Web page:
Myanmar's monasteries have been used as meeting points for dissidents, makeshift hospitals and places of refuge. Monks have paid a heavy price, often being arrested or killed. Today they are hoping for democracy.
Located at the end of a dusty road in Yangon, the Maggin monastery is currently a construction site. Workers are building a new wall and sewers. Recently released from jail as part of a general amnesty, the monk Eain Daka smiles and says the work is crucial.
During the "Saffron Revolution" of 2007, he explains, the monastery "was a kind of political meeting place. We dispensed medicine and helped people. The army hated us and that's why they destroyed everything."
He adds that U Gambira, a monk who perhaps had the most prominent role during the protests, often came to the monastery during that time. He too was only recently released from jail, Eain Daka says. He was not in very good shape and has gone to visit his mother in the north, who is seriously ill.
Dozens of monks were arrested when the army cracked down on the 'Saffron Revolution'
Eain Daka smiles again as he looks around. "We may have been released but we cannot really feel free of course," he says, adding that he knows there are plainclothes policemen keeping tabs on them.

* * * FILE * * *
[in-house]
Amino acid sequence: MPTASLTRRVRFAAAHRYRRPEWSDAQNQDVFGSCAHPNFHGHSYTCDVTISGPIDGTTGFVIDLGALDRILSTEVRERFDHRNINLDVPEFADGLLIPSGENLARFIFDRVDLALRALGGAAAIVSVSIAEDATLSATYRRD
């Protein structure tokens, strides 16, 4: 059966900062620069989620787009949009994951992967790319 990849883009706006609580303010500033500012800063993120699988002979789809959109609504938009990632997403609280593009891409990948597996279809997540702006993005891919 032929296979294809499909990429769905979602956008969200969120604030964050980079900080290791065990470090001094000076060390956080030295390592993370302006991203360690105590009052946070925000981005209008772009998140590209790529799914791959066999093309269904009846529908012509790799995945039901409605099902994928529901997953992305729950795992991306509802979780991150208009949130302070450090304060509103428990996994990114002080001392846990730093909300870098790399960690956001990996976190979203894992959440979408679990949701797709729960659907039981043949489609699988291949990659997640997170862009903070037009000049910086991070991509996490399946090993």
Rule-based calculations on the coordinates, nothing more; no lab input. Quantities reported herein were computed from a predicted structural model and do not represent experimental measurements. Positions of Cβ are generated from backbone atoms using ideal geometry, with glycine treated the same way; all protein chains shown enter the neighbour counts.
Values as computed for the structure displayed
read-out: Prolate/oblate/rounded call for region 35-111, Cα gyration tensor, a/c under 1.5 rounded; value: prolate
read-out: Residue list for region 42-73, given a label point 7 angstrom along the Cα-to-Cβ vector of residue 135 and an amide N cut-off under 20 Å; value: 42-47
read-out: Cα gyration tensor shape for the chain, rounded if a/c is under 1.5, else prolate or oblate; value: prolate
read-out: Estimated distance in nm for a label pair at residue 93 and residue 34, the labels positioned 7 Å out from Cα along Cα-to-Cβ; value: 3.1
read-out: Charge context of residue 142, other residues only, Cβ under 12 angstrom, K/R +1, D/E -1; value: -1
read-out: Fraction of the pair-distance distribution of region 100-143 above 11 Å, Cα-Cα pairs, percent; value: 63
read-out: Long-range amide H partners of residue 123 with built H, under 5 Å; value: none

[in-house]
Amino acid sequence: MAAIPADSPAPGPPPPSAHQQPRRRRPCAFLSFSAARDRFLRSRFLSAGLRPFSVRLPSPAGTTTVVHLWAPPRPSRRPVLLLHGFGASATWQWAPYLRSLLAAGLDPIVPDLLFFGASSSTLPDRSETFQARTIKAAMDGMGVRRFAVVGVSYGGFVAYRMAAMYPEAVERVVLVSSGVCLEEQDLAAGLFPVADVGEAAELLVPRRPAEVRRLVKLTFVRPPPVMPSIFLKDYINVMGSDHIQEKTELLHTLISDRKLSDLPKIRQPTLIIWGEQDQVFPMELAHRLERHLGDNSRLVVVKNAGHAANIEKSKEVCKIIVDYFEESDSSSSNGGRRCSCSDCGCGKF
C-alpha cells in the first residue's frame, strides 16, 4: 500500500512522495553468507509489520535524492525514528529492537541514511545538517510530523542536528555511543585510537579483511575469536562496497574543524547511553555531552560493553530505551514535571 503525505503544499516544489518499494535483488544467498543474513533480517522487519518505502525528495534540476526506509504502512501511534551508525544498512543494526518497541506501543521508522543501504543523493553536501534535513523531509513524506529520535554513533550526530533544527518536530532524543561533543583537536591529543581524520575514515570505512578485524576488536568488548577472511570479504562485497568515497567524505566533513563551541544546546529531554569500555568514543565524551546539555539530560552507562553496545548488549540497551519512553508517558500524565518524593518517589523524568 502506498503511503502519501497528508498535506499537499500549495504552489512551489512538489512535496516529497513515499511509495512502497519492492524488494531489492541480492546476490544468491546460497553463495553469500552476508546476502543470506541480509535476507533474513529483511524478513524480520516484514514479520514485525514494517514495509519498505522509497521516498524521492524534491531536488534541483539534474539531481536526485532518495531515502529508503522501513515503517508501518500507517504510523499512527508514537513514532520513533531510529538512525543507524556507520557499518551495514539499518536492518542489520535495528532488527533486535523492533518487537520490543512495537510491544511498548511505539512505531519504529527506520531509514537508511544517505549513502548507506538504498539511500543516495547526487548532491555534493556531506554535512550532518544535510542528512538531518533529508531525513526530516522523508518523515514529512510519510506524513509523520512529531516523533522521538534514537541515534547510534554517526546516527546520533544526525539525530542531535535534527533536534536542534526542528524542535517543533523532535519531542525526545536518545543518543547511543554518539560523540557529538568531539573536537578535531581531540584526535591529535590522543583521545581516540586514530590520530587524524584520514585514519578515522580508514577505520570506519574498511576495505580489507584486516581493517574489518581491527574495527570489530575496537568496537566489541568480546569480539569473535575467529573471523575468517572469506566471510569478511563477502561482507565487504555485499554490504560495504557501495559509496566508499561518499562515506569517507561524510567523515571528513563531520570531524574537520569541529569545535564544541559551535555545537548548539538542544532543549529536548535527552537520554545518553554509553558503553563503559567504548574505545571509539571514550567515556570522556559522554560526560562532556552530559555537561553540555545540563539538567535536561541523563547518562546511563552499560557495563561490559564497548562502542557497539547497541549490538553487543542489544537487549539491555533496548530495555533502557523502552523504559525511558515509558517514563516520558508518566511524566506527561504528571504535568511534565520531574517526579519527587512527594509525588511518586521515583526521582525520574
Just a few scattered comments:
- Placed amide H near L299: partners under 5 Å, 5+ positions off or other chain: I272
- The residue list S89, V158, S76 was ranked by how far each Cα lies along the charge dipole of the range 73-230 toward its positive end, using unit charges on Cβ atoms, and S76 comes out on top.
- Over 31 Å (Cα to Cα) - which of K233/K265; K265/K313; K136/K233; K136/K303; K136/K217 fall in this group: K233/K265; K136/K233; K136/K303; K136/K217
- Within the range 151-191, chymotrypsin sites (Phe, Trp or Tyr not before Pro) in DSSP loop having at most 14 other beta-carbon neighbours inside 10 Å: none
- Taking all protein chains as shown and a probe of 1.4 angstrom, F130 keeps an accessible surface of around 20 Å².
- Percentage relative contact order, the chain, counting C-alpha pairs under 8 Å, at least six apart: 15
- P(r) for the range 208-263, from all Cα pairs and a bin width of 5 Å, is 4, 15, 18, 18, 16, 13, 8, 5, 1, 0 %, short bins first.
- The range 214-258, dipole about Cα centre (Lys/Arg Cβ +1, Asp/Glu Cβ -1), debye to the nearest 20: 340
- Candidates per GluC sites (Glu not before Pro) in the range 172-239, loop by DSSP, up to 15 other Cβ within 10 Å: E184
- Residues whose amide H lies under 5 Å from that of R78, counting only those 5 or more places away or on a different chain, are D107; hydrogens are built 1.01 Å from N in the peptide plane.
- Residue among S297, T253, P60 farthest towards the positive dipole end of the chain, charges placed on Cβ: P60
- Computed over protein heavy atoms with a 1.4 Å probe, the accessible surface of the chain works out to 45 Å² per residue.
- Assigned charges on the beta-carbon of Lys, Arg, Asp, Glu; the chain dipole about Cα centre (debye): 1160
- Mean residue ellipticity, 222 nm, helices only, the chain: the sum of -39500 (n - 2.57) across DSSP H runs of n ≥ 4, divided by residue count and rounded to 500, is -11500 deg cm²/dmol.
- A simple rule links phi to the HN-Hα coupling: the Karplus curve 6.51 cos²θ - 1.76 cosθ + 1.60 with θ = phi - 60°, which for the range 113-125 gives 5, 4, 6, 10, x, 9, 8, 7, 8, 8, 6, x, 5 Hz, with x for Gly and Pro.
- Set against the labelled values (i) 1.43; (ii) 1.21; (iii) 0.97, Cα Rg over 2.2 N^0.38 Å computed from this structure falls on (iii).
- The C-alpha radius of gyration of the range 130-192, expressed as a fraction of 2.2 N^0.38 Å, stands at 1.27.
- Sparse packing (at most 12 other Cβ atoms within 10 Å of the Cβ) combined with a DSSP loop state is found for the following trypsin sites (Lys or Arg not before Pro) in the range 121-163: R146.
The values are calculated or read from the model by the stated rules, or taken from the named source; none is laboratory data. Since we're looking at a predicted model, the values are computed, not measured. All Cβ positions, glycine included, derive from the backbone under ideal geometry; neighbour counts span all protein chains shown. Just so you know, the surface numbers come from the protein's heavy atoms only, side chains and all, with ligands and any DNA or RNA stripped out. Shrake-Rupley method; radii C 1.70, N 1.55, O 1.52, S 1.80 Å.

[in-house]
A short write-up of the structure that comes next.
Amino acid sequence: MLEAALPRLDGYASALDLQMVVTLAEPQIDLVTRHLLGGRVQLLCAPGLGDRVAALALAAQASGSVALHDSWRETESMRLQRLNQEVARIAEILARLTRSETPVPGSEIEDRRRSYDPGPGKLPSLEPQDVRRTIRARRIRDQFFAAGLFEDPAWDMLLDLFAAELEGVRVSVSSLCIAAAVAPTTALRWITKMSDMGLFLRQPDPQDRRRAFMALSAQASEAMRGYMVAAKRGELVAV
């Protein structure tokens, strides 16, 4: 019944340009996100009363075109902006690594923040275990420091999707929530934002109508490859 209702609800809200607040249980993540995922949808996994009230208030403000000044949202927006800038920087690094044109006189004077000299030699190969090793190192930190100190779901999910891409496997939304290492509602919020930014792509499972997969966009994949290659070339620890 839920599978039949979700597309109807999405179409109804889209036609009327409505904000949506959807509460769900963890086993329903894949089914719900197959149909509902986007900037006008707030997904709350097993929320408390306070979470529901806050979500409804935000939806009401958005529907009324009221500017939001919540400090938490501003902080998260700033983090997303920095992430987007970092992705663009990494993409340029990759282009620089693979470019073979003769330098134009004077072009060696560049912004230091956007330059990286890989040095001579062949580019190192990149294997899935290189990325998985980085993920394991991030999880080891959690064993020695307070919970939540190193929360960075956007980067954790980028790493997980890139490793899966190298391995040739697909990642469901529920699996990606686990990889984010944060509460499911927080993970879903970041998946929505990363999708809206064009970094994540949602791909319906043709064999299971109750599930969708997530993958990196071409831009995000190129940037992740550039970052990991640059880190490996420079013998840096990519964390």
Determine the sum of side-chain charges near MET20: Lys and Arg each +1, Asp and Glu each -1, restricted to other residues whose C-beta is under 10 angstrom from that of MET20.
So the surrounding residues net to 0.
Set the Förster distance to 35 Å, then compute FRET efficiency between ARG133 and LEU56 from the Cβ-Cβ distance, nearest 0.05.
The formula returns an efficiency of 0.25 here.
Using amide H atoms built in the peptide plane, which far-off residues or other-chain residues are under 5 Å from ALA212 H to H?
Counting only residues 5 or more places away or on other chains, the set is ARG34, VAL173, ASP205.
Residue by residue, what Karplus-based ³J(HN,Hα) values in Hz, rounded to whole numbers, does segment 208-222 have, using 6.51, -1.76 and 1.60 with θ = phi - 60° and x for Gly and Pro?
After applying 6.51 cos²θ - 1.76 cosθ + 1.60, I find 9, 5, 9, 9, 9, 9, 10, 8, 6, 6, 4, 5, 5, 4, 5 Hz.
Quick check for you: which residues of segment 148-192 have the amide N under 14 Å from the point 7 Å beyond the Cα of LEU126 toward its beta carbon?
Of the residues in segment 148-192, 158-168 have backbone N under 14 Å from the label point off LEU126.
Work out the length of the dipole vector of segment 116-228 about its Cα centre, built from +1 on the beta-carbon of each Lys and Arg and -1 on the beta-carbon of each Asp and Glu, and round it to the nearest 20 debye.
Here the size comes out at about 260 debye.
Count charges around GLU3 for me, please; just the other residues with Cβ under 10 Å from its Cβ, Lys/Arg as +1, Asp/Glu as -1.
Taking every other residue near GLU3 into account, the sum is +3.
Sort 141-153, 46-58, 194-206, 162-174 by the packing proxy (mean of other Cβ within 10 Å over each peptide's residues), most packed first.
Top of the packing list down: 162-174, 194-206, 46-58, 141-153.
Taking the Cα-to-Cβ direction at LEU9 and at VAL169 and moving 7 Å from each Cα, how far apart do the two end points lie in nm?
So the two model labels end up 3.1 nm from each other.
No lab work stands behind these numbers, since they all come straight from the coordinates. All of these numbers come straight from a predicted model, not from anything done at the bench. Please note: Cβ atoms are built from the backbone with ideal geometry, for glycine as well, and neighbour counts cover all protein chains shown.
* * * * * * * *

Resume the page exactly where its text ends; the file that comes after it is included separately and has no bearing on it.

Although it has introduced some reforms, the civilian government headed by President Thein Sein remains deeply distrustful of the monks in Myanmar. But Eain Daka says he would prefer to move away from the frontlines, especially now that there is a clear political opposition movement headed by Aung San Suu Kyi.
'Life is not normal'
At the smaller, less known Shwe Taung monastery elsewhere in Yangon, Panna Wuntha is not smiling. The head of the monastery also just got out of jail.
"It was my second bout of detention," he says. "I was jailed for eight years during the big 1988 uprisings and then again for four years for my role as one of the leaders of the Saffron Revolution."
Although his monastery was not destroyed, it has been closed.
The monasteries played an important role for the protest movement
"When I was released I thought it didn't matter but the police came and sealed the door again. Life is not normal here."
But some monks, including U Ban Ditha, are trying to lead a normal life anyway. "I always get up at 5 and make breakfast. Then I learn English all morning. I really like that."
In the afternoons, he and the other monks go to an internet cafe to prepare for the future, for democracy in Myanmar.
Author: Udo Schmidt / act
Editor: Sarah Berning